If you've been online very long, you've probably heard the following advice: Don't post anything online that you wouldn't want to read on the front page of the New York Times. Well, I've been online since 1991, so you'd think I'd have internalized that bit of advice. But I got a surprise reminder today.
I didn't post anything awful, and it didn't appear in the Times. Here's what did happen: This morning I got an email from a colleague, congratulating me on a letter to the editor of the Chronicle of Higher Education. That would be a routine bit of correspondence except for one important point: I never wrote a letter to the editor of the Chronicle of Higher Education! I did, however, submit a short posting a couple of months ago to Colloquy, the Chronicle's online forum for discussing issues related to higher ed. I hopped over to the Chronicle site, and, sure enough, there was my posting, edited a bit and presented as a letter to the editor (see http://chronicle.com/weekly/v52/i12/12b01701.htm if you're interested; it's a response to an article by a conservative librarian, accusing the library profession of liberal bias). A little more digging revealed the following statement on the Colloquy page: "All submissions may also be published as letters to the editor in print."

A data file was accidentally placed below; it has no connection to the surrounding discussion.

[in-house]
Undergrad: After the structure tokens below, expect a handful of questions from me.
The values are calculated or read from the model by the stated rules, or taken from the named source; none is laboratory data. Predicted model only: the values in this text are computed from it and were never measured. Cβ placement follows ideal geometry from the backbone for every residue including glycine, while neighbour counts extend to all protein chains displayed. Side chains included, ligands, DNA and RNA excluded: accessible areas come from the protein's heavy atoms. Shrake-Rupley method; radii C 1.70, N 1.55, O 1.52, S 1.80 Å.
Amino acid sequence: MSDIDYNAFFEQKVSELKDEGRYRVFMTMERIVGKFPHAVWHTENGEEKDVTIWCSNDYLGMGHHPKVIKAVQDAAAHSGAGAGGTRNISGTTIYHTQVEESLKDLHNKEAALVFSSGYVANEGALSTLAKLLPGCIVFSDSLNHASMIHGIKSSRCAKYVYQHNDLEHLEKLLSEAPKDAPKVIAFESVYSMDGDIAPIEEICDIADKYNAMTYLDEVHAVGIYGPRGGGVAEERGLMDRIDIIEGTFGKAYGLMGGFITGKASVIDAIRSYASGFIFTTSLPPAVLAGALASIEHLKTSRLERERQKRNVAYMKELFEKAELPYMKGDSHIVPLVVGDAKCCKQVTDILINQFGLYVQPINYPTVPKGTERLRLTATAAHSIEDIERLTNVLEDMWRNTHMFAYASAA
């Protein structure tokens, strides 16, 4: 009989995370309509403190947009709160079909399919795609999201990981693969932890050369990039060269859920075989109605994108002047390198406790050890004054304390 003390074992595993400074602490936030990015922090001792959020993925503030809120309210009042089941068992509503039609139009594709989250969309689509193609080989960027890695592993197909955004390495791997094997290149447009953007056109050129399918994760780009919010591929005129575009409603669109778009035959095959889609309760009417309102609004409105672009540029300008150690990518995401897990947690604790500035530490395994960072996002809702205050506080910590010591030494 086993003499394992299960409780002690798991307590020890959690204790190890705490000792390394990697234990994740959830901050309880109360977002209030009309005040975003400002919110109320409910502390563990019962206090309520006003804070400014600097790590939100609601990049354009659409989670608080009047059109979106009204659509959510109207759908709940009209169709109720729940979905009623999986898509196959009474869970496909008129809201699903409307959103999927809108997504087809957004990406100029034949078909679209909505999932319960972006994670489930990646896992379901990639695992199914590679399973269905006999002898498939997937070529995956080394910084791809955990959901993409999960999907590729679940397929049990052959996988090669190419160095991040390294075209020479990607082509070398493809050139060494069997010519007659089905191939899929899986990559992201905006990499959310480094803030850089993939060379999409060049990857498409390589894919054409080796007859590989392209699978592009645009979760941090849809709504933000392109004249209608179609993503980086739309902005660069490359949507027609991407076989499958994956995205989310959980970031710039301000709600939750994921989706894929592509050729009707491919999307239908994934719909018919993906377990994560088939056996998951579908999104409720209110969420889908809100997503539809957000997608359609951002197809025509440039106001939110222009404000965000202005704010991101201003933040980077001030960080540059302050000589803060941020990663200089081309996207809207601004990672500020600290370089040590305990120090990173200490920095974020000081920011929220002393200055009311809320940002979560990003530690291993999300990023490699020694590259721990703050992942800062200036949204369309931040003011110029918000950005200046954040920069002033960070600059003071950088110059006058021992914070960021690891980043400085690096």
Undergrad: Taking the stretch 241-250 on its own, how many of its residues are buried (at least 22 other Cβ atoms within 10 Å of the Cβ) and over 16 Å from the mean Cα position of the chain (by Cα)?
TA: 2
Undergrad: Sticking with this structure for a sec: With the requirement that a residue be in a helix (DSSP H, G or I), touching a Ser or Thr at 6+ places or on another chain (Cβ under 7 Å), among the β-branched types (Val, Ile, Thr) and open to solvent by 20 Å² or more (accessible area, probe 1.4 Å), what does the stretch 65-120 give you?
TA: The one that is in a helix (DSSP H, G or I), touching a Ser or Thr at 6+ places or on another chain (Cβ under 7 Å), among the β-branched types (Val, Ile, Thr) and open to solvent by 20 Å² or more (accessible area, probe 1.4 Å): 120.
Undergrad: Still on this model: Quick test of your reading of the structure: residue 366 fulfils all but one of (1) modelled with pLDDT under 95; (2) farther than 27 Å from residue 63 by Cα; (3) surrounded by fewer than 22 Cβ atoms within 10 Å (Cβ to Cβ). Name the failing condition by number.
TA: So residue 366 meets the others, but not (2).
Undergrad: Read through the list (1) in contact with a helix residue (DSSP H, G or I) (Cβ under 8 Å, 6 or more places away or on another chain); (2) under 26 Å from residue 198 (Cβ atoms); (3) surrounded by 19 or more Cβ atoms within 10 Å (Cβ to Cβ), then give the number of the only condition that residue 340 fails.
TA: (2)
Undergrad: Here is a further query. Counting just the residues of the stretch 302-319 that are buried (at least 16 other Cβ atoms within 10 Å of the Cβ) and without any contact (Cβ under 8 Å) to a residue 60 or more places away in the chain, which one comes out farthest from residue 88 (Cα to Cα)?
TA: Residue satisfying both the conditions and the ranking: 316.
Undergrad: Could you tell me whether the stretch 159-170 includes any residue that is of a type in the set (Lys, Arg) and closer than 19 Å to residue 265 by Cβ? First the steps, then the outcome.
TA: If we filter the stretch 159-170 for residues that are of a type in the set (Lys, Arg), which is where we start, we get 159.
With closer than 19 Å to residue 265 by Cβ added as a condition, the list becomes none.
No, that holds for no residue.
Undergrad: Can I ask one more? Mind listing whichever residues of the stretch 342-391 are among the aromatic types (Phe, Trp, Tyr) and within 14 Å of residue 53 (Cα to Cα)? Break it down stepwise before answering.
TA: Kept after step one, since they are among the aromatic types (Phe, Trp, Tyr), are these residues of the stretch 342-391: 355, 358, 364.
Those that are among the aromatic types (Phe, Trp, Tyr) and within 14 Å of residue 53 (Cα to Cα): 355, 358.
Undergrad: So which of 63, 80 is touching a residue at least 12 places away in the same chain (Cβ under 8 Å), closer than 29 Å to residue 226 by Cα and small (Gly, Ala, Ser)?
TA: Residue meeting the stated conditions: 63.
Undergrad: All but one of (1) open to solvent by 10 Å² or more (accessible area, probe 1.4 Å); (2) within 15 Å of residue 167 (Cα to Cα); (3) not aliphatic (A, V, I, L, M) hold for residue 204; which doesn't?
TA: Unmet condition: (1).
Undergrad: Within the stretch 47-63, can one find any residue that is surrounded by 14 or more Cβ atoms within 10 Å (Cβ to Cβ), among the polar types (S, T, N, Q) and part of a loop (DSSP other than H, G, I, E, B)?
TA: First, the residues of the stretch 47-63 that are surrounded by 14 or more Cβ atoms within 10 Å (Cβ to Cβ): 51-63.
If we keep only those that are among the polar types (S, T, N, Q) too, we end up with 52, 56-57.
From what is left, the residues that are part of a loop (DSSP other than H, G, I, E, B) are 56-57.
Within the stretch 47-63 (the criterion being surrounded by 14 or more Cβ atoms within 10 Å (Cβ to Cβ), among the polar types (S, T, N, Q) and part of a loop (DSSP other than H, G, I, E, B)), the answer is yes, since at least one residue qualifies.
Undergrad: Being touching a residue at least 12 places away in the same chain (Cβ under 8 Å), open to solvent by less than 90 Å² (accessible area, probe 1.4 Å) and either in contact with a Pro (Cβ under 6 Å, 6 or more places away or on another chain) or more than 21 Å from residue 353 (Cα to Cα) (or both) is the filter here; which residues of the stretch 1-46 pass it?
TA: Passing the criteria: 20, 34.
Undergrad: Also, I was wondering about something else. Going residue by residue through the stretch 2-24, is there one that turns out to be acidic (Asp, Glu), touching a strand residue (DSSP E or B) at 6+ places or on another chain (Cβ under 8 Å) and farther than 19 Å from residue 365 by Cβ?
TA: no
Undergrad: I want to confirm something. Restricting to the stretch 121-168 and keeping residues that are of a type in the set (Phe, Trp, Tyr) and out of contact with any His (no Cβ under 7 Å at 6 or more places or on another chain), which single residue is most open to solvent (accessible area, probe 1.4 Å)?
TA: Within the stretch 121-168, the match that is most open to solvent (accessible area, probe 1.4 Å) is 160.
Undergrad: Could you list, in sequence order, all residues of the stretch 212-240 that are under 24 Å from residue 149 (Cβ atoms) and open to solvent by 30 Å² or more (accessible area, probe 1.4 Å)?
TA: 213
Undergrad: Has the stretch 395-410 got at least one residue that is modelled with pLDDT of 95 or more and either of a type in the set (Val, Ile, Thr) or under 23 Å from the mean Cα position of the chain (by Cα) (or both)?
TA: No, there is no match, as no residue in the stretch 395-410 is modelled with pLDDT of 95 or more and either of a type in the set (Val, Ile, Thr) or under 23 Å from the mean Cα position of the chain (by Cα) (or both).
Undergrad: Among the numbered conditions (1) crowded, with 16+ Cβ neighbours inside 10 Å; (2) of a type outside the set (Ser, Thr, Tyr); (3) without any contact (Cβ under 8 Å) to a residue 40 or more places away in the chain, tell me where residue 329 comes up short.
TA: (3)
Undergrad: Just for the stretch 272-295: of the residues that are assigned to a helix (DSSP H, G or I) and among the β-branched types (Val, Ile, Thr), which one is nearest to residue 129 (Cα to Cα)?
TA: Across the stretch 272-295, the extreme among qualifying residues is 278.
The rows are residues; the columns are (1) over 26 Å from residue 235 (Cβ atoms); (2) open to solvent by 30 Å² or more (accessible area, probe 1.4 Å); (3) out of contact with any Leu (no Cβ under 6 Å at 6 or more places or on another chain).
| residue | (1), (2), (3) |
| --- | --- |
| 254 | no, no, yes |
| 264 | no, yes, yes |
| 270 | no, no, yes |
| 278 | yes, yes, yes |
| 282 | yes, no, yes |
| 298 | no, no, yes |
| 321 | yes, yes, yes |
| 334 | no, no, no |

I don't mind my posting appearing as a letter to the editor, but I wish I'd paid more attention and noticed this statement beforehand. Then I would have taken a bit more time with the post, as I would anything I intended for publication.
The lesson? Read all fine print before posting online, and assume your words may crop up in unexpected places. And a note to the folks at the Chronicle: It would be nice if you'd label which letters are really Colloquy postings, so people would understand why they are less polished and formal than one would otherwise expect.